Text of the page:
My experience with NaNoWriMo this year reminded me of high school and, oddly enough, reading The Writing Life reminded me of NaNoWriMo. It's not mutual, however; this book only reminded me of high school in the sense that I could imagine being required to read and analyze it on a high school level. Maybe it's because Pilgrim at Tinker Creek and An American Childhood are both reading list titles here (though I was never required to read them), but I still found myself picking out phrases here and there that in my brain sounded like the clanking and clinking of doing dishes. Those were the sort of wincing noises I hear now while reading phrases and excerpts that "discussion" questions would have been based on. (They were never really discussion questions, were they? You could answer them quite simply in 2-3 sentences and being that they had right or wrong answers, there wasn't much to discuss once someone got them right.)NaNoWriMo reminded me of high school primarily because of this excerpt on pages 70-71:Hemingway studied, as models, the novels of Knut Hamsun and Ivan Turgenev. Isaac Bashevis Singer, as it happened, also chose Hansun and Turgenev as models. Ralph Ellison studied Hemingway and Gertrude Stein. Thoreau loved Homer; Eudora Welty loved Chekhov. Faulkner described his debt to Sherwood Anderson and Joyce; E. M. Forster, his debt to Jane Austen and Proust. By contrast, if you ask a twenty-one-year-old poet whose poetry he likes, he might say, unblushing, "Nobody's." In his youth, he has not yet understood that poets like poetry, and novelists like novels; he himself likes only the role, the thought of himself in a hat. Rembrandt and Shakespeare, Tolstoy and Gauguin, possessed, I believe, powerful hearts, not powerful wills. They loved the range of materials they used. The work's possibilities excited them; the field's complexities fired their imaginations. The caring suggested the tasks; the tasks suggested the schedules. They learned their fields and then loved them. They worked, respectfully, out of their love and knowledge, and they produced complex bodies of work that endure. Then, and only then, the world flapped at them some sort of hat, which, if they were still living, they ignored as well as they could, to keep at their tasks.It's not that I don't think anyone at NaNoWriMo is a real writer; it's more that the majority of the people I conversed with during my time at the forums weren't. This was their first foray into writing and they believed themselves to be absolutely brilliant. Had they read anything in the past year? No, just magazine articles on pop celebrities. It's the idea that people only write to wear "the hat," to take the role, to call themselves "an author" after they've spit out a load of filler material to make a certain word count. It's that people think writing a novel within a month is enough, that they'll get published immediately even sometimes without editing. Falling in love with the first draft never gets anyone anywhere. Most final drafts only slightly resemble first drafts. That's how it should be, but the "twenty-one-year-old poet" who likes "Nobody's" poetry ruined the whole experience for me. That's not to say that I discourage people from writing for the first time, nor do I discourage anyone from striving to make a great work of writing even if it's their first time. This is why I've fallen in love with NaNoWriMo: because even if you have no experience with it, the community strives to encourage you to reach your goal. Some people might get high-hatted believing only in their brilliance and their certain success, but the world outside of NaNoWriMo is full of people who think they're more important than they are. It's one of those "double-edged swords" that people talk about, like the argument that Oprah's book club is awful in the mind of a reader of literature, because no one would have read One Hundred Years of Solitude were it not for her choice. However, at the same time, it's so wonderful that the book is getting exposure, that it's being read, because (supposedly) it's a wonderful book! It's the people who have that Tshirt that says "I listen to bands that don't exist yet." People who, for some reason, feel that these things are personally theirs and belong to their group; they are threatened when "outsiders"* take interest in their things. *"Outsiders" being housewives, new writers, younger generations, whatever. It's not something that is easily explained away. I don't know why people do this. I don't know why "I knew about them before you did" is such an important statement to make. I don't know why it bothers me that people who complete a NaNoWriMo novel then feel like they can walk around calling themselves authors, saying that their brilliant work is going to get published immediately because it embodies perfection. And I can't say whether it bugs me more that they haven't read a book for pleasure in their life, or that they are trying to take something that I've worked very hard for.USA Today's review on the back of this book says that "You want to copy out what it says, tape it to your typewriter, fix it with a heavy magnet to your fridge. Her words give courage." It is that courage that makes this book remind me of NaNoWriMo. The positives. I've moved away from the loop of wondering why something I seek to encourage bothers me. Pages 78-79:One of the few things I know about writing is this: spend it all, shoot it, play it, lose it, all, right away, every time. Do not hoard what seems good for a later place in the book, or for another book; give it, give it all, give it now. The impulse to save something good for a better place later is the signal to spend it now. Something more will arise for later, something better. These things fill from behind, from beneath, like well water. Similarly, the impulse to keep to yourself what you have learned is not only shameful, it is destructive. Anything you do not give freely and abundantly becomes lost to you. You open your safe and find ashes.After Michelangelo died, someone found in his studio a piece of paper on which he had written a note to his apprentice, in the handwriting of his old age: "Draw, Antonio, draw, Antonio, draw and do not waste time."This should be the slogan over at Nanowrimo.org. Everyone should have this in mind when they write. NaNoWriMo is about getting the words out, letting the ideas hit the paper (or screen, as it were), about pushing yourself to write that masterpiece you've been putting off because of "lack of time" or "slim motivation." Annie Dillard encourages the same thing. Make a schedule and get it all out. You'll have to breathe, you'll have to eat and sleep and maybe take walks, but when you're not doing those things, let the words go.It's uninspiring to me to read books detailing a "writer's life." Usually they involve agents, publishers, problems with copyeditors and book cover designers. I find it uninteresting because it doesn't apply to my life. Annie Dillard's Writing Life, however, doesn't include much if any of that. It's about what keeps her going, what things have inspired her, what are the frustrations and distractions that all writers face. It's inspiring to me because there is a whole chapter dedicated to watching an airplane pilot spin circles in the air and finding the beauty in the lines that he creates; there is nothing about the life of an already published author. It's universal.I would like to acquire two copies of this book so I can snip passages from the pages and stick them around my apartment. I might end up with the whole book on my walls.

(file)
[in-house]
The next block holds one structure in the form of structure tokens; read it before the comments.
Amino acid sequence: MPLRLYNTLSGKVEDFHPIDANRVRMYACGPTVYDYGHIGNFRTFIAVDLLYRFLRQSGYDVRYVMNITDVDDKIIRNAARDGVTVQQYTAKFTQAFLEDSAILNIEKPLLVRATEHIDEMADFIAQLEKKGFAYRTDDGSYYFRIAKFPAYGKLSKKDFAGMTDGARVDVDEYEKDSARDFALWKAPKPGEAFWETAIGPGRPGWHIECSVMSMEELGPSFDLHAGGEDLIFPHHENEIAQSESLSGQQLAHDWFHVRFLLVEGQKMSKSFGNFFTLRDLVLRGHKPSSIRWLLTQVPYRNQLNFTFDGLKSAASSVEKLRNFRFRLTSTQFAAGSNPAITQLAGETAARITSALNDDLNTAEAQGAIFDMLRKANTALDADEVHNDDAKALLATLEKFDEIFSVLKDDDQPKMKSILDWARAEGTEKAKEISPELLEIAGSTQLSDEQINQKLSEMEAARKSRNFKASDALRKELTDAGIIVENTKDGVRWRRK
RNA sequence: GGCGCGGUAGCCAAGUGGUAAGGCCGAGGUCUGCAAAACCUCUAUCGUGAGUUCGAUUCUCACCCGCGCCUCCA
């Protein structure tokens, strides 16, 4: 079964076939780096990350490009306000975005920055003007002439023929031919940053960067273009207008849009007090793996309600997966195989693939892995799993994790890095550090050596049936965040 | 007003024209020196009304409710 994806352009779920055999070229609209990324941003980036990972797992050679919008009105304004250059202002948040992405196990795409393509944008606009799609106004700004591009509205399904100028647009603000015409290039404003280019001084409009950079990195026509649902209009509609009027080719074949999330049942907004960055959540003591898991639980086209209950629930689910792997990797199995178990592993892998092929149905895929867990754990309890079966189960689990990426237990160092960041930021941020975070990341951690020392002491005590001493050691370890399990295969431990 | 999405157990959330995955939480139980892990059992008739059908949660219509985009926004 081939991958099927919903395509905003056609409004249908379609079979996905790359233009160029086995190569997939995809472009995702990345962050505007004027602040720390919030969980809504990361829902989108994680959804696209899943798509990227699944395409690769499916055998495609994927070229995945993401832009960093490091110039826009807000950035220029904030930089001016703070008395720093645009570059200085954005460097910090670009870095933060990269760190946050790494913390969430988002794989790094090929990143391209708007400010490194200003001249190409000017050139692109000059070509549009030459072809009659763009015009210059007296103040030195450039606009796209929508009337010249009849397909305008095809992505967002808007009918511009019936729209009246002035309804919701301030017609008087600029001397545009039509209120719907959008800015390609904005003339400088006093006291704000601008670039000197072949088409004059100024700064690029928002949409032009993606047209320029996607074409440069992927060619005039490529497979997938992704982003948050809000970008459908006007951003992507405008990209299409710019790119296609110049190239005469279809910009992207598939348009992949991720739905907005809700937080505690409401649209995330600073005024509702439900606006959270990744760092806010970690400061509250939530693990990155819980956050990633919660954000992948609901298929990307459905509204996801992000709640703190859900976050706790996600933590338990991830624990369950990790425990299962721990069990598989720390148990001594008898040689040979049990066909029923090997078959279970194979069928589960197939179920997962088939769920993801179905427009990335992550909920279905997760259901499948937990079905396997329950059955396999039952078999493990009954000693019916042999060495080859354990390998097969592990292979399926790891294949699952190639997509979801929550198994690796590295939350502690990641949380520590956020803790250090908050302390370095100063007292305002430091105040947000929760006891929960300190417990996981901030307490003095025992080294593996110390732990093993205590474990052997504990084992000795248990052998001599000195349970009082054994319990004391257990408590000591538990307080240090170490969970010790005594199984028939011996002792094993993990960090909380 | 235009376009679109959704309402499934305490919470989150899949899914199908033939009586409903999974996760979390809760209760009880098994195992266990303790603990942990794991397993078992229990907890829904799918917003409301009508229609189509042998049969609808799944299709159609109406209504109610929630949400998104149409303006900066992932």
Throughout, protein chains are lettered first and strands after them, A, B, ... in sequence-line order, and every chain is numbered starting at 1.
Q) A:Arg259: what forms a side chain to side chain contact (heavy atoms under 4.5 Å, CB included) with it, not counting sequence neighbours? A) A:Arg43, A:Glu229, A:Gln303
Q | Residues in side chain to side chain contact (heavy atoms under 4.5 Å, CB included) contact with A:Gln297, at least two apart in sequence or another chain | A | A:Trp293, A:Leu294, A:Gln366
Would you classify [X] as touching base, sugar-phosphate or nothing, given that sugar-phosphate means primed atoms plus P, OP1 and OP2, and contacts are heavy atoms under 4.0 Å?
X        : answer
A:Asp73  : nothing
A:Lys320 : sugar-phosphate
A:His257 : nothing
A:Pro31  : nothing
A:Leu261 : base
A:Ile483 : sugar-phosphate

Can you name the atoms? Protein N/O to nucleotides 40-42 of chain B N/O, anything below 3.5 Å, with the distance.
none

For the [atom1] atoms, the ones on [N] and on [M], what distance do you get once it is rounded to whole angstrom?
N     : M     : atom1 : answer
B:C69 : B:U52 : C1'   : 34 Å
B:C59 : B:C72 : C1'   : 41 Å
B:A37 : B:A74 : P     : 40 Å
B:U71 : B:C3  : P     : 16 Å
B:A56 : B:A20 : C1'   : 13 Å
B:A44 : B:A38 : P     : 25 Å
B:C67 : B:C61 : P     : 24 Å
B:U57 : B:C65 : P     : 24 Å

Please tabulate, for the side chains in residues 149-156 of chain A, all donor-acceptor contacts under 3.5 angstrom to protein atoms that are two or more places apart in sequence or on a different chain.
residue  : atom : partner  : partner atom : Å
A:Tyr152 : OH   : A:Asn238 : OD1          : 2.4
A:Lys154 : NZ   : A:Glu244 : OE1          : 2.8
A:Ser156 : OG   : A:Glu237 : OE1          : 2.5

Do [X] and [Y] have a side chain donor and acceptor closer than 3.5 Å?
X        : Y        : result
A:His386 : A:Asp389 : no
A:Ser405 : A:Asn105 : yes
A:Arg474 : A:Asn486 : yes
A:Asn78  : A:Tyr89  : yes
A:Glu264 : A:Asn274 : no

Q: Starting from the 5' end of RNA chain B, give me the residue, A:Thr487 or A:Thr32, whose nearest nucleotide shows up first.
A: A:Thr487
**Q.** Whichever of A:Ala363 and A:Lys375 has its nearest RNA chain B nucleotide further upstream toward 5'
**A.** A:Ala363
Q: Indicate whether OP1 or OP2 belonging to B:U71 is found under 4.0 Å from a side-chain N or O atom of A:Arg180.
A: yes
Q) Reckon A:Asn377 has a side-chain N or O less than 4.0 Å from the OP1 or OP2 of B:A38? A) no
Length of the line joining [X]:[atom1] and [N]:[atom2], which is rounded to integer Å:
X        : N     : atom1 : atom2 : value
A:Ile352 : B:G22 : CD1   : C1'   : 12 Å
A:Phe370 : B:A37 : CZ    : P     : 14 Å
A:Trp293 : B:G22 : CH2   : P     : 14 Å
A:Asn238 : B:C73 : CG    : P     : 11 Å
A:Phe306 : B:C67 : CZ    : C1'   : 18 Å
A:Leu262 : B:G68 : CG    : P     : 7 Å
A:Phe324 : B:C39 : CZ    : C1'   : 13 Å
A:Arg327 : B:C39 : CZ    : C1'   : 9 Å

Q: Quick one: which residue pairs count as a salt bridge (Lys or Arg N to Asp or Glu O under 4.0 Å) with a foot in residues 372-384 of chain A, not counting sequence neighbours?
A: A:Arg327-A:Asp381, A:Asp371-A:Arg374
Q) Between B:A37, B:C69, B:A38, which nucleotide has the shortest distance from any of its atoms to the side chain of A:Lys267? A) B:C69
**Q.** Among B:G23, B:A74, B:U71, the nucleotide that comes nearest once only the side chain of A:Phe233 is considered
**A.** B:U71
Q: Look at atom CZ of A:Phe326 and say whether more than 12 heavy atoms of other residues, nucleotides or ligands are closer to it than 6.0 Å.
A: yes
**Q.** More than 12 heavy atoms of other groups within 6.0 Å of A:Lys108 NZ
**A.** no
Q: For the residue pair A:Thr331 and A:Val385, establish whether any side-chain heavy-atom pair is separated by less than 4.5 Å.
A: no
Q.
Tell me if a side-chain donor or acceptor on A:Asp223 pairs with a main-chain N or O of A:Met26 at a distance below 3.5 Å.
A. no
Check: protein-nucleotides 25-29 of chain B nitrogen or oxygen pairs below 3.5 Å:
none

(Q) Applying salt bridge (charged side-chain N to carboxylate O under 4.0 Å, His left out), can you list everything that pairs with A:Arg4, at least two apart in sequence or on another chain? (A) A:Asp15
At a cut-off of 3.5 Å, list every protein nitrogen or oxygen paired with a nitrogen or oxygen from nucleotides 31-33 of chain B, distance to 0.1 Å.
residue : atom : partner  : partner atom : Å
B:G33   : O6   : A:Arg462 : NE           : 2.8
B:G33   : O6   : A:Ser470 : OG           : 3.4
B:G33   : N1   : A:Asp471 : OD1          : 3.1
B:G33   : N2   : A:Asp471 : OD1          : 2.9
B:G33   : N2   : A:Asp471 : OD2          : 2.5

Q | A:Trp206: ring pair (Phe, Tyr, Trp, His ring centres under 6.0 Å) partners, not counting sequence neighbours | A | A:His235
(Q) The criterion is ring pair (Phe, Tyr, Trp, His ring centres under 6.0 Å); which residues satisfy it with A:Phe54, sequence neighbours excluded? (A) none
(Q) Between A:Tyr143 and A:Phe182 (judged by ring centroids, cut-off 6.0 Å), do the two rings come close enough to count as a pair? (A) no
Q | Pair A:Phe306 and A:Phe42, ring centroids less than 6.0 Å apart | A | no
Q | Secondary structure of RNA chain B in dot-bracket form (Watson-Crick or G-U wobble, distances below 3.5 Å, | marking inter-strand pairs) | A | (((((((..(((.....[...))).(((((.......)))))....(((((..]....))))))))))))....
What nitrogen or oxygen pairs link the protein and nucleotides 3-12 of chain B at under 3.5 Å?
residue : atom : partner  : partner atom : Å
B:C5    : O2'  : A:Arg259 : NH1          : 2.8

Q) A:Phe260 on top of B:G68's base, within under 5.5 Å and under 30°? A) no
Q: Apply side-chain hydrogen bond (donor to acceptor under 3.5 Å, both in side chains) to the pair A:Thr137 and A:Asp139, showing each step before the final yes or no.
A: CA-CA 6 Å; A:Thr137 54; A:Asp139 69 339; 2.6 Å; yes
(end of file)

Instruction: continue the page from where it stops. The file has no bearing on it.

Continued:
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Annie Dillard does not glamorise the writing life. She tells it as it is - mostly hard work, occasional high flying. Many of the metaphors and little stories she tells to describe the life of a writer are amusing, but hit hard at any romantic notions about writing. The cameo story she tells of an inchworm climbing one blade of grass after another, searching frantically for the next step at the top of each blade, resonated with me. Hammering together lines of words, probing ideas, keeping the whole thing together never gets easier. We just keep blindly on, climbing the blade, searching for the next, leaping into the void in faith. So often we write into the dark. Even long-published, feted writers like Annie Dillard, fear that no one reads them, except maybe nerds, academics, or other writers in the same field. Once, after publishing a long and complex essay partly concerning a moth and a candle, she thought that no one but an academic critic had understood it, or even read it. Some little boys came to the door as she was despairing about her wasted life. One of the children noticed a picture of a candle and asked if that was the one that the moth had flown into. Annie was bowled over. A child had heard the story and understood it well enough to tell it back. Such incidents lighten the solitude of writing and make the grind worthwhile. I highly recommend this small book to any writer or aspiring writer. It is full of pearls of wisdom and Annie Dillard parables. It encourages even as it sweeps the rose-coloured glasses onto the floor.